The Rights of Dads in Divorce

There is a common misconception that fathers have fewer rights than mothers in divorce situations.

There’s nothing easy about divorce and this fallacy can exacerbate a challenging situation by causing unnecessary distress, anxiety and uncertainty.  It is really important for fathers to know exactly where they stand and not let a misunderstanding about their rights needlessly complicate matters.

The facts are simple.

There is a presumption in family law that fathers and mothers have equal shared parental responsibility of their child.  You will note the phrase ‘parental responsibility’ as opposed to ‘rights’, and that’s because Family law in Australia is concerned about making sure that the child’s best interests are met; the Court focuses on recognising the rights of the child.

Some separated couples are able to reach agreement between themselves when it comes to parenting arrangements. However, in conflict situations, Court proceedings may be the only option for determining arrangements.  This can be a difficult and distressing time for the whole family, and it is in everyone’s best interests to work hard to try to reach agreement as quickly as practically possible.

When the court makes a determination as to parenting matter, it is not concerned about the gender of the parent.  It does recognise the importance of a child having a stable relationship with both parents and will consider the unique circumstances of each individual case.

It is possible that the misconception about the law being prejudiced against fathers stems from the reality that most very young children have a strong natural physical bond with their mother, and usually spend more time with them.  Whilst that may be the case, the starting position in a separated family is for a child to spend equal time with a mother and father, or at least significant or substantial time with each parent.

It is important to know that ‘equal responsibility’ doesn’t necessarily translate into each parent having equal time with the child.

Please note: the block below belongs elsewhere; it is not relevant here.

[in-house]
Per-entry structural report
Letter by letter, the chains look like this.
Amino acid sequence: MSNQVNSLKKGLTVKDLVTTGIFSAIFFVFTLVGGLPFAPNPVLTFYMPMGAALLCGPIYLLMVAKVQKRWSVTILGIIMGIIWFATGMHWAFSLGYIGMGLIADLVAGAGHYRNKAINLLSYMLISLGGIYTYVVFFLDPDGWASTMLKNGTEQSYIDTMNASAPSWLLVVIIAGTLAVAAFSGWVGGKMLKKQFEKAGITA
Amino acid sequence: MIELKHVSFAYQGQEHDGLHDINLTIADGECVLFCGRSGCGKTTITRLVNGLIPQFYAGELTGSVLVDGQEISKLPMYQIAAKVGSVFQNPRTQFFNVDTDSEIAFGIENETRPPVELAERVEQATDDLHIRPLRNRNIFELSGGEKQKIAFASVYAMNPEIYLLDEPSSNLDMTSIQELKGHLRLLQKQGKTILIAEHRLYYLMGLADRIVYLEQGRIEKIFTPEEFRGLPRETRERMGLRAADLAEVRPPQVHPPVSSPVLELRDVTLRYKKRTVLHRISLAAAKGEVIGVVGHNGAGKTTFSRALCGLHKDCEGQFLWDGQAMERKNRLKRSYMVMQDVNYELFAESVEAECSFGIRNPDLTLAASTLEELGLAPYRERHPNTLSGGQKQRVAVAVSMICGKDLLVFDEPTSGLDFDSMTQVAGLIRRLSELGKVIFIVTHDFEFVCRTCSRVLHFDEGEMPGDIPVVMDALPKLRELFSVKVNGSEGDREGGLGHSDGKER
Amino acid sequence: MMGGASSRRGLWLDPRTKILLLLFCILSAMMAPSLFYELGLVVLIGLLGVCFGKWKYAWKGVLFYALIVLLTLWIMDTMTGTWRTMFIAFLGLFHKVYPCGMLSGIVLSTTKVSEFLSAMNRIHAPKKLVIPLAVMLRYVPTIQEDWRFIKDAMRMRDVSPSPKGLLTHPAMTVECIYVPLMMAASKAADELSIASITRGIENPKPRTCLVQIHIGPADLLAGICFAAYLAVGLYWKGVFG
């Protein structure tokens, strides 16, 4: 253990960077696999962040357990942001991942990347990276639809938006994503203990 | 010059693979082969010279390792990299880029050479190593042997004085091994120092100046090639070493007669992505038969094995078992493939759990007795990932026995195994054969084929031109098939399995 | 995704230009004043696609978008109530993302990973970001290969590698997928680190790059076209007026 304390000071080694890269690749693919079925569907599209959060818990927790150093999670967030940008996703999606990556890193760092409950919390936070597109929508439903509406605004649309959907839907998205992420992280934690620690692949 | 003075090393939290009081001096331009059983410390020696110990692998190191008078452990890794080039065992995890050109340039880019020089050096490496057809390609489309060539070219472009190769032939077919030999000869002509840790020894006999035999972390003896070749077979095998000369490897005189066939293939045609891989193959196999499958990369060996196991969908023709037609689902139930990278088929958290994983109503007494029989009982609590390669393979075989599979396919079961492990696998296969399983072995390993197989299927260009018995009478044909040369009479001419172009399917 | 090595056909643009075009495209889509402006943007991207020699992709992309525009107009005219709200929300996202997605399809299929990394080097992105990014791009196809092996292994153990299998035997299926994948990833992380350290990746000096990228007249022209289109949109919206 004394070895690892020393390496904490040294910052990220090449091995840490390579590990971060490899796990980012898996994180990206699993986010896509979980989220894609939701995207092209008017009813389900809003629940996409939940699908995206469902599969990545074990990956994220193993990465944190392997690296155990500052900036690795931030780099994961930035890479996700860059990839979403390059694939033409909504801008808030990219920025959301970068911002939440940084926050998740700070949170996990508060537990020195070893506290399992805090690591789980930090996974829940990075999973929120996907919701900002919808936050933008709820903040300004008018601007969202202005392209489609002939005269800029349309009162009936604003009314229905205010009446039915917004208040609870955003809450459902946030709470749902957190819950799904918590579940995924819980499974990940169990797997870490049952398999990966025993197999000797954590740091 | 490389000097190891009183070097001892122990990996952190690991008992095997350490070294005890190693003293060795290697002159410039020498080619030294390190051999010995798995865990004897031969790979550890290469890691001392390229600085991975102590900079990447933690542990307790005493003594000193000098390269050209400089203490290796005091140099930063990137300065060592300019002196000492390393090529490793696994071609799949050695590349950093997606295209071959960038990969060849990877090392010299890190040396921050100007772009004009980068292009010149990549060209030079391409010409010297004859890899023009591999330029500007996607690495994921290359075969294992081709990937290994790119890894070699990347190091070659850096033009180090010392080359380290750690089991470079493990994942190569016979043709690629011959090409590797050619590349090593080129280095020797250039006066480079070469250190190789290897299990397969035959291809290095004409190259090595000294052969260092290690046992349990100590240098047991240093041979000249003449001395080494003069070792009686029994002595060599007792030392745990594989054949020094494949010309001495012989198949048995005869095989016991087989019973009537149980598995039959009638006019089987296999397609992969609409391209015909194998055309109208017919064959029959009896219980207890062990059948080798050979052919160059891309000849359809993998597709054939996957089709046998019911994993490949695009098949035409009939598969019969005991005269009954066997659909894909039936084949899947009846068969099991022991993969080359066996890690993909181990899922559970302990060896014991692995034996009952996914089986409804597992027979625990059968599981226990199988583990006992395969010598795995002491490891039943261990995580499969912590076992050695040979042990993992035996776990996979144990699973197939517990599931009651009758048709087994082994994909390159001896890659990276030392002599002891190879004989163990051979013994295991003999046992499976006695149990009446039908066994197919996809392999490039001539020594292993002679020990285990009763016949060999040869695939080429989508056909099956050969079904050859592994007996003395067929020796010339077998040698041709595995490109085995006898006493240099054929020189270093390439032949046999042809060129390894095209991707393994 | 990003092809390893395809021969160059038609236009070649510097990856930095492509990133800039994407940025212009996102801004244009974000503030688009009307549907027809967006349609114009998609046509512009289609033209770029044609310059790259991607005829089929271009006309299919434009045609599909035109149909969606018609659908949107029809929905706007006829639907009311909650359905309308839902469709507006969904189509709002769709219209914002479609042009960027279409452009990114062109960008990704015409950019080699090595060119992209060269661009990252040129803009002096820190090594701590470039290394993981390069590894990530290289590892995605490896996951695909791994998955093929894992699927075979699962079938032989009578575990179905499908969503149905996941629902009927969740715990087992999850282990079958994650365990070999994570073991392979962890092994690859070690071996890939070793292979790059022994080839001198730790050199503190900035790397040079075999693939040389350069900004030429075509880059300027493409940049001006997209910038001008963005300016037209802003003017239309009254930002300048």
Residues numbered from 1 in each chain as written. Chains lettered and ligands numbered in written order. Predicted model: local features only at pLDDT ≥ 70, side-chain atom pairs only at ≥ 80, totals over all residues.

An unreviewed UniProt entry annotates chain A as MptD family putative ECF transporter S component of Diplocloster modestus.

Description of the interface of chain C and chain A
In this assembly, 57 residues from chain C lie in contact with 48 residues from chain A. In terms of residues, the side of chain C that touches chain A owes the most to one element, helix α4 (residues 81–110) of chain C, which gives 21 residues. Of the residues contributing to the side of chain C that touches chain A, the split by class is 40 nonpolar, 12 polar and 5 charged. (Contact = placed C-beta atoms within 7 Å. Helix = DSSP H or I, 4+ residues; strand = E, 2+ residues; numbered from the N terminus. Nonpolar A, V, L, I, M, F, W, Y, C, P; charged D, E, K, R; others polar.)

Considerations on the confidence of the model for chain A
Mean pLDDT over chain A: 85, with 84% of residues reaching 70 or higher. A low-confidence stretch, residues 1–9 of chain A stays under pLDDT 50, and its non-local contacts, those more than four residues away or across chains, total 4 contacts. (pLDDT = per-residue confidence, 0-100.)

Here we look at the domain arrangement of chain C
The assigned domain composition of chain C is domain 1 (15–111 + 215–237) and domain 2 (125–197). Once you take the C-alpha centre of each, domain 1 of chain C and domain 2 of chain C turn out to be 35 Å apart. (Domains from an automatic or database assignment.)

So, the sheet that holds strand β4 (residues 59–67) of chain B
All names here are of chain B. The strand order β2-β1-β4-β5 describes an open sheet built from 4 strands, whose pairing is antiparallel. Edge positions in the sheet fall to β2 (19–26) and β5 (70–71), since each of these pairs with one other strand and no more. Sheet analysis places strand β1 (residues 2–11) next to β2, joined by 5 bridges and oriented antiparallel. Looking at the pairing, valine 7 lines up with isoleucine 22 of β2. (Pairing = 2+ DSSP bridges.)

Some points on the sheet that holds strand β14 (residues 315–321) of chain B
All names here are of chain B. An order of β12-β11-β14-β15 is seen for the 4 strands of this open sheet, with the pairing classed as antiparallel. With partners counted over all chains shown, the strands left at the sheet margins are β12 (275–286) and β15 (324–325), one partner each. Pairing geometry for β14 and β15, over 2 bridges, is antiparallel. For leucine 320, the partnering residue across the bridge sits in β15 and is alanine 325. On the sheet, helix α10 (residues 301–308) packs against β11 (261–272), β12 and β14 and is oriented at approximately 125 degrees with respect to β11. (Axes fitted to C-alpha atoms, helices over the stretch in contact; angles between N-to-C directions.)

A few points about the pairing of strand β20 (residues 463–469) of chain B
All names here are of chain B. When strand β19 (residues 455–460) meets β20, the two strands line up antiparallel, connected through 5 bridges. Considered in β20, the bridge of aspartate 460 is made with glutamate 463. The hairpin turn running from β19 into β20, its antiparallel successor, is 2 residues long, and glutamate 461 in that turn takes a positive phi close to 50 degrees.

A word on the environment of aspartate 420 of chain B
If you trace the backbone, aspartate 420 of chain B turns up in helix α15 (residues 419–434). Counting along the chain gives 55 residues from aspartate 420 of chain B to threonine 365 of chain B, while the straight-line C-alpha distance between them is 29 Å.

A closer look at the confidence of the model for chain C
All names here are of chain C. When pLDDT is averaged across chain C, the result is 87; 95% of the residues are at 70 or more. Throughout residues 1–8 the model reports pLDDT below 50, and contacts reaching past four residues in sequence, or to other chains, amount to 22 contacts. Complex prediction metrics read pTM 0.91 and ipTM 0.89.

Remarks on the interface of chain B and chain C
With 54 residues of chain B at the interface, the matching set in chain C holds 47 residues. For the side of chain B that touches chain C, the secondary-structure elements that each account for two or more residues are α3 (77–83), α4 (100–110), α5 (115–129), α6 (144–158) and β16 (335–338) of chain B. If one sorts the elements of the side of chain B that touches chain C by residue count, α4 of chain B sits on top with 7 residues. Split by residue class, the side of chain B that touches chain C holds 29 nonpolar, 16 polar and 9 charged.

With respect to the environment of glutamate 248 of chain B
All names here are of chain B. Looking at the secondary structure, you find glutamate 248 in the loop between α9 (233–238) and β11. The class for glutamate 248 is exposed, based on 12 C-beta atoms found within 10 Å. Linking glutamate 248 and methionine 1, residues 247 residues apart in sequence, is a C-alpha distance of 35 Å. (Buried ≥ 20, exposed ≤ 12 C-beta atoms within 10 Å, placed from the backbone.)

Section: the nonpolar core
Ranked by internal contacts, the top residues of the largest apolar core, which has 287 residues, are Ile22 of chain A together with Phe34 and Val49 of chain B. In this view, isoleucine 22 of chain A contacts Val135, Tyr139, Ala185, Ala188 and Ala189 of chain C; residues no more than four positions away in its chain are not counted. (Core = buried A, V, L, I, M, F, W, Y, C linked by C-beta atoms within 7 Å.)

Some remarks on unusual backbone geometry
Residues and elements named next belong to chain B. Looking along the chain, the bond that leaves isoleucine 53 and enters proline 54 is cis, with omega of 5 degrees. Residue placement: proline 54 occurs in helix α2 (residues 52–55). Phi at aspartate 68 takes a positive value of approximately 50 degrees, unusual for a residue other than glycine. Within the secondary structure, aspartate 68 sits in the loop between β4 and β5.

The court’s decision will be based on what it believes to be in the child’s best interests as well as the practicality of any arrangement.  Ultimately, the court’s aim is for the children to benefit from having both parents meaningfully involved in their lives.  Parental responsibility continues until the child is 18 years of age.

Regardless of the circumstances of the separation and regardless of whether issues can be resolved amicably or through mediation or the Courts, it is very helpful to have legal representation from the outset.  Engaging a family lawyer often prevents the need for Court involvement, and thereby saving substantial costs.

An experienced family lawyer can help clarify your situation as a parent, plus guide and support you through every step of the process.

Please note that this article is merely an overview and is not intended as legal advice.

If you would like more information on the rights of dads in divorce or advice on any other aspect of family law in Perth, please get in touch with West Family Lawyers or call them on +61 8 9380 9111.

Mark Cheveralls

Mark is a senior lawyer with a broad experience in family law.  His blend of business management experience and legal competencies is particularly beneficial to resolving complicated family law disputes concerning property and children.

Mark is settlement-focused and energetic about negotiating fair outcomes with a track record of brokering good results for his clients.  He is part of a small team of trusted family lawyers in Perth practising in the Family Court of Western Australia.

Find out more about Mark here.

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